ST. PAUL (AP) -- After spending a month imprisoned in Laos, life is starting to return to normal for the Rev. Naw-Karl Mua.
Since returning to Minnesota last week, Mua has been spending time regrouping members of Light of Life Lutheran Church, his small Hmong congregation in Maplewood.
His wife, Sue, who took time off during his detention, is back at work. Talk has turned to routine family issues. His four kids are back into their usual summer activities.
Still, Mua realizes that his life is changed forever.
Mua's family was on edge last month after hearing that he and two European journalists had been arrested in the death of a village security guard.
The journalists had been reporting on the Hmong insurgency in Laos and Mua was their interpreter. Despite maintaining their innocence, the men were sentenced to 15 years in prison.
These days, Mua has more resolve to share the story of his ordeal.
Mua was born in Xiengkhuang Province, where he was arrested last month.
After coming to Minnesota, Mua continued to travel to Southeast Asia and said he has worked with budding Christian groups there. His most recent trip was to northern Thailand.
It was there that he heard about the two journalists who wanted to contact Hmong resistance fighters in Laos, Mua's home country. It would be a chance for Mua to see some of the people he had left behind.
The men received tourist visas and flew to Laos. They traveled as far as they could in the jungle by car before hiring Hmong soldiers to guide them to a village. Trouble began after their visit to the village. The group arrived back at the road where they were supposed to be picked up on June 3. The driver didn't show, and the journalists grew impatient, Mua said.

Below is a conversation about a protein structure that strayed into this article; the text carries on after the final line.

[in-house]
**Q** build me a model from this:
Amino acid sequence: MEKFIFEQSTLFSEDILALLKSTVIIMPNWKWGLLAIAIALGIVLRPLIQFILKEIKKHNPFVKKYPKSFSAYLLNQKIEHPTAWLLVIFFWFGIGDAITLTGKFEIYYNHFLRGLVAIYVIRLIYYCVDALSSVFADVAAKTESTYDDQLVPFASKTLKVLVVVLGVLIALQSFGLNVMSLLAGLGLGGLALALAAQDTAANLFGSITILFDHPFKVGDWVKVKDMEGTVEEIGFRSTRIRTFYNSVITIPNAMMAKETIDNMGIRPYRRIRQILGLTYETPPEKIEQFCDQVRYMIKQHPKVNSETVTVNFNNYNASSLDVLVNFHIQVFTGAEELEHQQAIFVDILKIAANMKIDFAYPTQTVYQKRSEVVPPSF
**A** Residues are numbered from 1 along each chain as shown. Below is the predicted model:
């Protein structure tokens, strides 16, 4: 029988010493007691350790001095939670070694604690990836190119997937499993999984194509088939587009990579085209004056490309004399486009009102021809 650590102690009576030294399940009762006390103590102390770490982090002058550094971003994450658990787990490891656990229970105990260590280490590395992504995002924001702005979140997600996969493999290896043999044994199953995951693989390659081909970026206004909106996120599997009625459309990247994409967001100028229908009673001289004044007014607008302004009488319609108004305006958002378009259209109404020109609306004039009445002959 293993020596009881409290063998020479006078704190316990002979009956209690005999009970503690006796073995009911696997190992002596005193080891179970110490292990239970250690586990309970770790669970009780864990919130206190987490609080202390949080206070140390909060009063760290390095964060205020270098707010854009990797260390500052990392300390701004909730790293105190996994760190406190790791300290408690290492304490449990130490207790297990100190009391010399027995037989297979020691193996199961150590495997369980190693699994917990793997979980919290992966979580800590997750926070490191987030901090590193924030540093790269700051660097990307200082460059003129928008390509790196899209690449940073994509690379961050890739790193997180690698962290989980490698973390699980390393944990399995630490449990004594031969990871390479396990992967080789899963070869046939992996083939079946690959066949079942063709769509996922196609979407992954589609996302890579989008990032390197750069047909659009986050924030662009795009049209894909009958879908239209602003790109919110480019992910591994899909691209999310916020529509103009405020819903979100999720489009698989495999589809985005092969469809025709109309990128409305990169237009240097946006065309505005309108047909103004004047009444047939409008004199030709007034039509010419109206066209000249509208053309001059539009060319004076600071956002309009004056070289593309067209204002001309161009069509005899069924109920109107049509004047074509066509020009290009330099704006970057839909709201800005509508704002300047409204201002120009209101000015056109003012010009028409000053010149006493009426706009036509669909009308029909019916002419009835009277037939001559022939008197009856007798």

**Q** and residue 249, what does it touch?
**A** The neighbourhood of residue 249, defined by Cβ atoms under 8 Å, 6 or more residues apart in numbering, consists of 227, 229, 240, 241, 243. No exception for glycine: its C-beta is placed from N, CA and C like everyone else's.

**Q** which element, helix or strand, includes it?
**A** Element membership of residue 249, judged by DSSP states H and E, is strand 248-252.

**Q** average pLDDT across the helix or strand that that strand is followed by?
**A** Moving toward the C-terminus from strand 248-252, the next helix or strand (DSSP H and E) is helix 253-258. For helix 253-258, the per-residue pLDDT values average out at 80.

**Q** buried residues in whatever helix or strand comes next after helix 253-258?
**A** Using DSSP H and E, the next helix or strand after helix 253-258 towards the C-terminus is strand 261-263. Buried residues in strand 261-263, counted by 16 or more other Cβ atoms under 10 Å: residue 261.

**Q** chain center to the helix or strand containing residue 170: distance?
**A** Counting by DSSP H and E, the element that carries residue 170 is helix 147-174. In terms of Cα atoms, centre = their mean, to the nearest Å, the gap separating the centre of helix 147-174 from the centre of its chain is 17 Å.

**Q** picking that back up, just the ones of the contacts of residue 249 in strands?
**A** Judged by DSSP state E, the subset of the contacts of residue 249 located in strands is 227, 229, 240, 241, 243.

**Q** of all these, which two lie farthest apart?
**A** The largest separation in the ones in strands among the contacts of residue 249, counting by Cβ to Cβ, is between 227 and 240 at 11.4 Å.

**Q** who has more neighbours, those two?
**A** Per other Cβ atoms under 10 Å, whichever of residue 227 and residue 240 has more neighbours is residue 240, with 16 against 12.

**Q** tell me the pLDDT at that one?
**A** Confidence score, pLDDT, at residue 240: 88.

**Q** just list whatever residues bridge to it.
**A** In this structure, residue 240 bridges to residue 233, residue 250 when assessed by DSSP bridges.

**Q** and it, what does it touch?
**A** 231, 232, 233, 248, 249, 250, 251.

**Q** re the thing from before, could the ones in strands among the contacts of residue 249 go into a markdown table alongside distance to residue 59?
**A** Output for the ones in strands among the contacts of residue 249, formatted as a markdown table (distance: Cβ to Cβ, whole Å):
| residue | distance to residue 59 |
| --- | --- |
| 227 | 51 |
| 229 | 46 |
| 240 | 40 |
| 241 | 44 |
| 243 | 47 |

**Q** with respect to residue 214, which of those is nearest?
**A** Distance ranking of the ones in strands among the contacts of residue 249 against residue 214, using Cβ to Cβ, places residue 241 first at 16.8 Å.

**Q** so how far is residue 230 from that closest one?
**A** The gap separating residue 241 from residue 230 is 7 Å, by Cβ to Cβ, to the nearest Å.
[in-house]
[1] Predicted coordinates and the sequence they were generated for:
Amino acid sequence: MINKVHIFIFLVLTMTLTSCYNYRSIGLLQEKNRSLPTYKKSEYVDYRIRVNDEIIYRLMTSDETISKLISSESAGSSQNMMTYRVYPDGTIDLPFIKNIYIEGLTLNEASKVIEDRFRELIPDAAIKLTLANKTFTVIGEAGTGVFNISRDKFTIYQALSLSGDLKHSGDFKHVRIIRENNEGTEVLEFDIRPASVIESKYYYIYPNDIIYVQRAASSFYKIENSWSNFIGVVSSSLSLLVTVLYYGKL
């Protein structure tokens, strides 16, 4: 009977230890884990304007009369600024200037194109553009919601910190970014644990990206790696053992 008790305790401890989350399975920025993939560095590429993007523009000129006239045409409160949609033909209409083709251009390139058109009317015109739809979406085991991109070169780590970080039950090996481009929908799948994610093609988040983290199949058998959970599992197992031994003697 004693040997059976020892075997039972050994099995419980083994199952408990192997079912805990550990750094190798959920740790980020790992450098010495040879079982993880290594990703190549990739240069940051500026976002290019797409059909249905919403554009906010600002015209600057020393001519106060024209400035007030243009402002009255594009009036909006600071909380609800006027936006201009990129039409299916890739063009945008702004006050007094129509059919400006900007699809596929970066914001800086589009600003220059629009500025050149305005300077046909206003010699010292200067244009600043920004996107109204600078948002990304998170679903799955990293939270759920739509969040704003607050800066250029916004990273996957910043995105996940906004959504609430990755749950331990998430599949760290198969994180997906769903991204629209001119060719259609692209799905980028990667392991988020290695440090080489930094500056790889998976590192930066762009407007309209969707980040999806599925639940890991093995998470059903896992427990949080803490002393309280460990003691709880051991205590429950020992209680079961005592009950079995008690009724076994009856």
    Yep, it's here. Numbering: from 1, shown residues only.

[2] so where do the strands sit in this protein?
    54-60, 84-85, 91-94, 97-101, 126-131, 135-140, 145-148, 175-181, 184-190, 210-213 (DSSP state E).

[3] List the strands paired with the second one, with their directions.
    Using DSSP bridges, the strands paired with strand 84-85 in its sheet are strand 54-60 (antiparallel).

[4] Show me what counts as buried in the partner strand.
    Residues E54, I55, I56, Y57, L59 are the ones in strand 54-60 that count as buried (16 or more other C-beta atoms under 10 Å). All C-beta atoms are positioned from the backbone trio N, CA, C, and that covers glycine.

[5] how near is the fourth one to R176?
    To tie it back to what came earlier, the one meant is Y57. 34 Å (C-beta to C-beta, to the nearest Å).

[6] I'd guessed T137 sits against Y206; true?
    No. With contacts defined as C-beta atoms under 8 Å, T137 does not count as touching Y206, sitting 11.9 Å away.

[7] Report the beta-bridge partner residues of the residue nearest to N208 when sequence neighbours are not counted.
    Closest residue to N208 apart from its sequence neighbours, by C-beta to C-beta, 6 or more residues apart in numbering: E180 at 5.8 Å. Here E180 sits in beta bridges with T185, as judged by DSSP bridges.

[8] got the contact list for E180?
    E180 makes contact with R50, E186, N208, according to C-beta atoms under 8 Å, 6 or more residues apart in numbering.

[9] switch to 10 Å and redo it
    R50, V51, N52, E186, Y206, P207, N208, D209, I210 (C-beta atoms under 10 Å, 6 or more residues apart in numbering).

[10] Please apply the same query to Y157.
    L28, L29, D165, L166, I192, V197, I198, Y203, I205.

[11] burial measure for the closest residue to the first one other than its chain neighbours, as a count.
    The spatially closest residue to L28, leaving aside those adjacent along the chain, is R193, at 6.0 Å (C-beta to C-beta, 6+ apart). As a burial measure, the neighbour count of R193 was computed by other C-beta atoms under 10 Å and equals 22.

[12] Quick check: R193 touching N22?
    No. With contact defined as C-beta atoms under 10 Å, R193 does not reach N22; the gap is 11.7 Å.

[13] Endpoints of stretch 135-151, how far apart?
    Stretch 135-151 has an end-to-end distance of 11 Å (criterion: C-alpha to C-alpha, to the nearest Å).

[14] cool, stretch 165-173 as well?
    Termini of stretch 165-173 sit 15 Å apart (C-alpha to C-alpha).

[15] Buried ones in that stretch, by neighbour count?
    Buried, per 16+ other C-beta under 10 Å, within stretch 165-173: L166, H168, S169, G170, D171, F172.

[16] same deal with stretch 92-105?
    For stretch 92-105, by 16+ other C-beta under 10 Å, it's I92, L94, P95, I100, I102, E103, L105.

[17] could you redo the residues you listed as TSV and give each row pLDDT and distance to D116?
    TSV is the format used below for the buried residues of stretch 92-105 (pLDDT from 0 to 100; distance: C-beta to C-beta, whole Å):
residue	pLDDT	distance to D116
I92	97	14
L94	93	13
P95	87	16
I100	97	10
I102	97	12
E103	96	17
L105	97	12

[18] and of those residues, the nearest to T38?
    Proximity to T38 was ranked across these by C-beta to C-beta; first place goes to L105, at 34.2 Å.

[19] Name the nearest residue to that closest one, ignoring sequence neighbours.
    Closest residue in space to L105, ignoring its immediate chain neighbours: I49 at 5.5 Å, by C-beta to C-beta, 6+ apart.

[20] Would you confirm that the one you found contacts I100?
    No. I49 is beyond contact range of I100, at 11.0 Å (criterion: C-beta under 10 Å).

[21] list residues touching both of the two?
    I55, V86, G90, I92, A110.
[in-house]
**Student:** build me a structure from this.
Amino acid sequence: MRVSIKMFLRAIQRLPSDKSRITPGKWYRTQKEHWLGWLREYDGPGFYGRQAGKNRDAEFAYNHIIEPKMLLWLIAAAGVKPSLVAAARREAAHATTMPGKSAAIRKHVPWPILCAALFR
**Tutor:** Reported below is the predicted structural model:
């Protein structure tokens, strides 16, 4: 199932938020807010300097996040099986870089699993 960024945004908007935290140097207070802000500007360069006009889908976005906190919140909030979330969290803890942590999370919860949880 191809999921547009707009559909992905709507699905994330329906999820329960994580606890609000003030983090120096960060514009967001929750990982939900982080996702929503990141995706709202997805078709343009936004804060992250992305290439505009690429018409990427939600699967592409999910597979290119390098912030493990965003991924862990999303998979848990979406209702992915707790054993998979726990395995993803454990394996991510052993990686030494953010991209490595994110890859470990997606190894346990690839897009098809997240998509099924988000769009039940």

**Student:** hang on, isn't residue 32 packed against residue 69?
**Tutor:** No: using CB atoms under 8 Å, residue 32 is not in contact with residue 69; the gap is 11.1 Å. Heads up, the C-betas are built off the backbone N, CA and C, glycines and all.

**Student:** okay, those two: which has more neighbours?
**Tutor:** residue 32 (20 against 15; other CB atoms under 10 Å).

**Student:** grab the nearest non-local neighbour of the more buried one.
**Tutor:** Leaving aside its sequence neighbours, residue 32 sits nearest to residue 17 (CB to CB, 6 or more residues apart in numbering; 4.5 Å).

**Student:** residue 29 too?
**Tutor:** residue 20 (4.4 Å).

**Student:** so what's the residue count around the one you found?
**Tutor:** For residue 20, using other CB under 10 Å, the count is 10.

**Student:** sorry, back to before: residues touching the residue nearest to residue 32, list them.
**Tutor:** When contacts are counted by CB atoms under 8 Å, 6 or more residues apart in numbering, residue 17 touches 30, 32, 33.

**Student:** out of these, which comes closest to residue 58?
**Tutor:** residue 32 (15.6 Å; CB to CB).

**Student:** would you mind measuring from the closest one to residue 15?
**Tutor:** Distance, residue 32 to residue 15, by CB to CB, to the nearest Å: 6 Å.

A guide went to find another driver. An encounter with the Laotian soldiers came about midnight. The group moved to a small hollow to hide, but soldiers were there. Shooting started when the soldiers shined a flashlight on the journalists.
Mua, who was unarmed, fled.
After spending the next day in the jungle by himself, he surrendered to authorities. They told him a Laotian soldier had died. Mua was taken to a provincial prison, then transferred to one in a larger city.
Ten prisoners were kept in a room the size of a small bedroom, he said, and shared one bowl for water and one bowl for a toilet.
Despite a quick trial in which the government declared his guilt, Mua said he never lost confidence he'd be released. Part of the reason was that the U.S. ambassador was at the trial, and Mua knew that the Laotian government wants to normalize trade relations with the United States.
"The judge, he was sweating," Mua said.
"Even if I had to suffer, it was a good thing because it opened the dirty tricks of the Laotian government to the free world," the Lutheran pastor said.
Not everyone agrees with Mua's assessment of the situation in Laos. The Laotian government considers members of the Hmong resistance movement to be terrorists or bandits. And while there are concerns about the government's human rights record, the United States is seeking to normalize trade and economic relations with it.
"In general, Laos is a very safe, peaceful country," said Gerald Fry, a University of Minnesota professor of international and intercultural education who has lived there.
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